Hugh Jackman leads the cast in Prisoners, a crime drama depicting the hunt for two missing girls. A familiar plot, an unnecessarily long running time and mediocre performances render this film as just another second-rate, boring thriller.
Prisoners begins by establishing a happy Thanksgiving setting in which Keller Dover (Hugh Jackman) and his family are visiting the Birch family for dinner. This happiness lasts for approximately five minutes as the young daughters Anna and Joy quickly go missing after playing around with a suspiciously parked RV. The driver of the RV is found to be Alex Jones (Paul Dano), a young man with a very low IQ who rarely speaks. After questioning, the police are convinced that Alex would not have the mental capabilities to commit and cover up a crime, but Keller has other ideas and follows Alex in order to find some evidence. In an astonishing act of evidence collecting, Keller stumbles upon Alex singing Jingle Bells Batman Smells, the very same ‘hilarious’ version that his daughter Anna was singing the other day. I am not sure why Keller is unaware that this version is almost as famous as the original version of the Christmas rhyme, but he takes this as conclusive evidence of Alex’s guilt. What follows is the fairly familiar scenario of father-seeks-revenge; reinforcing the belief that now all crime thrillers are just the plot of Taken with a few variables changed.
The story is not always focused on Hugh Jackman’s character as Prisoners also follows Loki (Jake Gyllenhaal), the detective working on the case of the missing girls. Introduced as a detective who has solved every case he has ever been assigned to, Loki actually appears to be the most half-hearted detective ever shown on film. The character is written to be completely unobservant, he solves nothing throughout the entire film and he meets every order from his boss and every acquisition of new information by sighing and muttering ‘shit’. That really is the extent of his character. I do not think this is the fault of Gyllenhaal as he plays the role of a flawed, lonely, miserable man quite well; his character however is simply underdeveloped and this weakens the film. Hugh Jackman’s character was not written much better. With no character progression – and the film has ample time to allow for this – the character of Keller changes instantly from a caring, loving father into a more violent version of Wolverine minus the claws. The character’s grief was not really shown, and this made Keller fairly unlikable. There were not enough scenes of the rest of the Dover family and thus they were represented by this violent, raging man for whom I could not like or care about. Since Keller is unlikable and Loki is just uninterested, the film just becomes tedious.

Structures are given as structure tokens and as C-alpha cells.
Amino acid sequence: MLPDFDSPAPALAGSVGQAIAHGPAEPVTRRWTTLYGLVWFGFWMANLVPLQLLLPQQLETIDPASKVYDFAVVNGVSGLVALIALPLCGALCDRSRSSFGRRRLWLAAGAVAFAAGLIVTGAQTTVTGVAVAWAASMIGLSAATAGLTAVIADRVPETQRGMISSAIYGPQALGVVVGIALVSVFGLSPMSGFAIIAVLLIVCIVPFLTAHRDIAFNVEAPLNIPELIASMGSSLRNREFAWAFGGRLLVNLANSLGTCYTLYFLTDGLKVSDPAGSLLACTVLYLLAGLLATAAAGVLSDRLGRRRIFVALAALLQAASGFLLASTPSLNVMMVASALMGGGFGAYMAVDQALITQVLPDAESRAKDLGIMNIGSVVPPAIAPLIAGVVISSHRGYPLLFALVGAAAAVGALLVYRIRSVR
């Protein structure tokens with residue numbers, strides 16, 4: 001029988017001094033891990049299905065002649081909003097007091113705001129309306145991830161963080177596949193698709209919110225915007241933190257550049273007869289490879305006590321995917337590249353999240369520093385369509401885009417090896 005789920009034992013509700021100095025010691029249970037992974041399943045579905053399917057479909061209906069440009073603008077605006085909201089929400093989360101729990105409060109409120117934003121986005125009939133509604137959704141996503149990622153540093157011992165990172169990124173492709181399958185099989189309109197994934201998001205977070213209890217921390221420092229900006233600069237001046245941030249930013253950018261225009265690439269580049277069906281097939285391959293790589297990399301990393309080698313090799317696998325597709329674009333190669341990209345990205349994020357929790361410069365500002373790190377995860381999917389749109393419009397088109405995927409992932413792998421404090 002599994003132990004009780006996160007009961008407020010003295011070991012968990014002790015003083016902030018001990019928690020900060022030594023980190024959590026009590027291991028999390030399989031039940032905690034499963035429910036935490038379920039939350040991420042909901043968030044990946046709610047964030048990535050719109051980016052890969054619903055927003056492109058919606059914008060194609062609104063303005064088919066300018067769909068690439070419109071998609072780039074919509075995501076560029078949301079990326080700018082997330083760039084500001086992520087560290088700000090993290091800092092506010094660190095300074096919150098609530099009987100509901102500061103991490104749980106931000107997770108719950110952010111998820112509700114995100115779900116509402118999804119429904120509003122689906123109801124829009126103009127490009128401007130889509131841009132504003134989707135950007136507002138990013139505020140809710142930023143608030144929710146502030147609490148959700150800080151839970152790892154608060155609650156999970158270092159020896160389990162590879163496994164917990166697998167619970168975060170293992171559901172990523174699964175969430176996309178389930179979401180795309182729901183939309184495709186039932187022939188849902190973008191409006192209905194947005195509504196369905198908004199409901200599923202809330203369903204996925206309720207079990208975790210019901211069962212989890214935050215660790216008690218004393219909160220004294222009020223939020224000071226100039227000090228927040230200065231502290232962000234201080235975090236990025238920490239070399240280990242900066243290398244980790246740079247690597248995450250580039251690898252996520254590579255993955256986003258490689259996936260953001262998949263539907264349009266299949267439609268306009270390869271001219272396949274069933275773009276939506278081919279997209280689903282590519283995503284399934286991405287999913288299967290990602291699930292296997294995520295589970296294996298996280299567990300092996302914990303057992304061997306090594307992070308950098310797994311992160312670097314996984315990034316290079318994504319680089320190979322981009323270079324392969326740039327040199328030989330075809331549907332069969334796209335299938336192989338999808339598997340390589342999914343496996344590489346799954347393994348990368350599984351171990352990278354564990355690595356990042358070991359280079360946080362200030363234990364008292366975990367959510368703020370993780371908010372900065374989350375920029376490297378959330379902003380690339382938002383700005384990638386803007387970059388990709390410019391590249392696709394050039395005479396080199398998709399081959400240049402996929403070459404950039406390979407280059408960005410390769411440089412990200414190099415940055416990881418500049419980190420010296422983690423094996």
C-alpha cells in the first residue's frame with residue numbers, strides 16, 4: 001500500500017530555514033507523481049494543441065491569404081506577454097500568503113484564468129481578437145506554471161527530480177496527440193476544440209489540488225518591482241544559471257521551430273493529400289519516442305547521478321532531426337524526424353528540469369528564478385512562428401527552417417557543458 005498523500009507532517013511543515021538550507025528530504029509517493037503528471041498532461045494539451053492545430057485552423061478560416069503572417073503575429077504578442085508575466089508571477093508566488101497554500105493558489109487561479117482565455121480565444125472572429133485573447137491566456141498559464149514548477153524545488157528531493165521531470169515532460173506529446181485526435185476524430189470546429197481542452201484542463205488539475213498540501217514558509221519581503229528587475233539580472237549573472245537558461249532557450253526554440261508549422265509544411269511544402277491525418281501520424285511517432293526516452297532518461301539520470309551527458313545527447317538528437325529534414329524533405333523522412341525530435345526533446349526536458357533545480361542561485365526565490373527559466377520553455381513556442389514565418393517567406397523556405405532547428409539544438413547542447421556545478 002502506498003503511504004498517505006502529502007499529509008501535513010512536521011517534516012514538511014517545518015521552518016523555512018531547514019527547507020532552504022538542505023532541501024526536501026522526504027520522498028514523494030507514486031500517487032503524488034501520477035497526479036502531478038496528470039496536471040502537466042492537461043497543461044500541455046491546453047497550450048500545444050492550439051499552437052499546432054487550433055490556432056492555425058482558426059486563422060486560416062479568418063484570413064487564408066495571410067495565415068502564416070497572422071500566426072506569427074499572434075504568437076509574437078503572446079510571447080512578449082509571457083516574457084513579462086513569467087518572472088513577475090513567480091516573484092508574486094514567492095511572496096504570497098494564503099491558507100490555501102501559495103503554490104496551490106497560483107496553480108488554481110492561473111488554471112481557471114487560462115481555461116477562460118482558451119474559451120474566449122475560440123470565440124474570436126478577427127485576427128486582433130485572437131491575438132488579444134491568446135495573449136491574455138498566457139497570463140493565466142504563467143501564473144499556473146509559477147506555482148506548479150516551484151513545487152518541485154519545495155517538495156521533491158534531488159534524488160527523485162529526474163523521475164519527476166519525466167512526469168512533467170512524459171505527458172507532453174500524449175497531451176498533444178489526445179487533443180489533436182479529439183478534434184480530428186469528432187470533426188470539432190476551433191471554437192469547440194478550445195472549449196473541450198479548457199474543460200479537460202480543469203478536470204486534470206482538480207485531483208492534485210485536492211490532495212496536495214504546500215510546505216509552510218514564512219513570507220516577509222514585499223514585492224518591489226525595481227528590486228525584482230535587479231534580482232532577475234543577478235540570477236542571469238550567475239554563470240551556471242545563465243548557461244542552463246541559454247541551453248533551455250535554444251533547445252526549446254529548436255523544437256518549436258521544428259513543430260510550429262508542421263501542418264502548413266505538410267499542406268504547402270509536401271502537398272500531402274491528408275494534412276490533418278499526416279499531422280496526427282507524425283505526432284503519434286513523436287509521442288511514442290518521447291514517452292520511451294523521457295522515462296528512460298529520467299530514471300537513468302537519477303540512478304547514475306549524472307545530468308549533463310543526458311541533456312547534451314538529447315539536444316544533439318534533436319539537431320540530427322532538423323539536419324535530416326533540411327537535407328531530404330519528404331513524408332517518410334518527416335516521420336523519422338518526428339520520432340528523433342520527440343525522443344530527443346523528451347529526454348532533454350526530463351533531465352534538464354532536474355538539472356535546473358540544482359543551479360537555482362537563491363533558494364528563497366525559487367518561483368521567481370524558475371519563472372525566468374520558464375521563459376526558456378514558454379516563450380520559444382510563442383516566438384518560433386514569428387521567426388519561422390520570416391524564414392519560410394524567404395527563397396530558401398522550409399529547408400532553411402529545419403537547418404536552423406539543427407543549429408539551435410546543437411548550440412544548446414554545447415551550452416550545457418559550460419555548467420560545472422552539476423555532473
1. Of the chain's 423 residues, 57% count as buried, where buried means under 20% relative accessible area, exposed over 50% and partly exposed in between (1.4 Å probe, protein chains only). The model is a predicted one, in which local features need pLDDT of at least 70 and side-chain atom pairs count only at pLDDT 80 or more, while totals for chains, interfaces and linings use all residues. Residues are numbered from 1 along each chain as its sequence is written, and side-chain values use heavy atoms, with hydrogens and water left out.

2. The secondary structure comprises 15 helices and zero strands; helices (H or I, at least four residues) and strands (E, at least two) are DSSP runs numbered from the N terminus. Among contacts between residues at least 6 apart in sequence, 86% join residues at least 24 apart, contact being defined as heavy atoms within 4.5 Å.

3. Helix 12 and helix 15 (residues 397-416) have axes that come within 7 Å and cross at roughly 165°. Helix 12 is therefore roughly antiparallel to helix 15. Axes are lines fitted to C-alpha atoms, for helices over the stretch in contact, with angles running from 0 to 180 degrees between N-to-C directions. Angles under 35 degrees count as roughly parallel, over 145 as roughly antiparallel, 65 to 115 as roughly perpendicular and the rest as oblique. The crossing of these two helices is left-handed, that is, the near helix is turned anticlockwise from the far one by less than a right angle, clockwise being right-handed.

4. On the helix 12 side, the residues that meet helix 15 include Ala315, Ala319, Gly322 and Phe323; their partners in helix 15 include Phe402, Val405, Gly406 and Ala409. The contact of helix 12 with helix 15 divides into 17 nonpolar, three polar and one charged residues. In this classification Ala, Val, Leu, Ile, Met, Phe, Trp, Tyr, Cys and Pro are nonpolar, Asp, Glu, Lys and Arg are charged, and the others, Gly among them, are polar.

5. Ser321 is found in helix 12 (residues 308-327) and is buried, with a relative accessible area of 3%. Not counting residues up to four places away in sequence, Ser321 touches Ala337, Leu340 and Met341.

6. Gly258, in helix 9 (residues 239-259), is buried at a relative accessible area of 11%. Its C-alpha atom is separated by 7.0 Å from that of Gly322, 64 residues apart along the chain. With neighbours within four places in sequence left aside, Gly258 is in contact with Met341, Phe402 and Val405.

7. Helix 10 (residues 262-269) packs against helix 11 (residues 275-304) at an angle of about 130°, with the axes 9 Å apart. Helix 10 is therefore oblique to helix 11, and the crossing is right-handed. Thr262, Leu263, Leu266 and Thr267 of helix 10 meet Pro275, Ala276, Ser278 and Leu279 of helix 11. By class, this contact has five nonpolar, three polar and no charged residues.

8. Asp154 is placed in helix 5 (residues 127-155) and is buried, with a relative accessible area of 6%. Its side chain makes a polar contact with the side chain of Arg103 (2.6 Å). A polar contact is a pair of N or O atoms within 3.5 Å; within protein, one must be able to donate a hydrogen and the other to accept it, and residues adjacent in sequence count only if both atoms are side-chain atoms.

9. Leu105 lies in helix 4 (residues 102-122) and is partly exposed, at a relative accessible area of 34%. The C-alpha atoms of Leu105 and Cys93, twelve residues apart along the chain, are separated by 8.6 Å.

Although the plot of Prisoners is somewhat familiar, that does not mean it is all bad. In the second half of the film there are many twists and turns; some you will see coming, the rest may surprise you but they simply won’t make much sense. There are plenty of plot devices to throw you and Detective Loki off scent, and for the most part they do work. But they don’t make sense. A whole subplot surrounding snakes and mazes is never really given a context in the film; they have no real relevance and are brushed aside. The film ends without a full conclusion which was quite satisfying, and hopefully there will not be sequel to ruin this. The story and the plot of the film are in some respects constructed quite well, yet the 2½ hour running time was far too lengthy for this film and thus the plot often tries to be ‘clever’ but ends up getting lost. The cinematography was commendable, capturing the bleakness and emptiness of the characters in the setting. However, such greyness teamed with a long running time runs the risk of making audiences feel as bored and uninterested as Jake Gyllenhaal’s character.
THINGS LEARNT FROM THE FILM:
- You can say something creepy whilst surrounded by policemen and microphone holding reporters, but only Hugh Jackman will hear you.
- You can erect wooden walls around a bathtub and detectives who suspect you of kidnap won’t notice.
SUMMARY: A crime drama that could have been great if it had a shorter running time. Poor characters and weak performances also take away from the interesting plot. It is a film worth seeing, it’s just not a great one.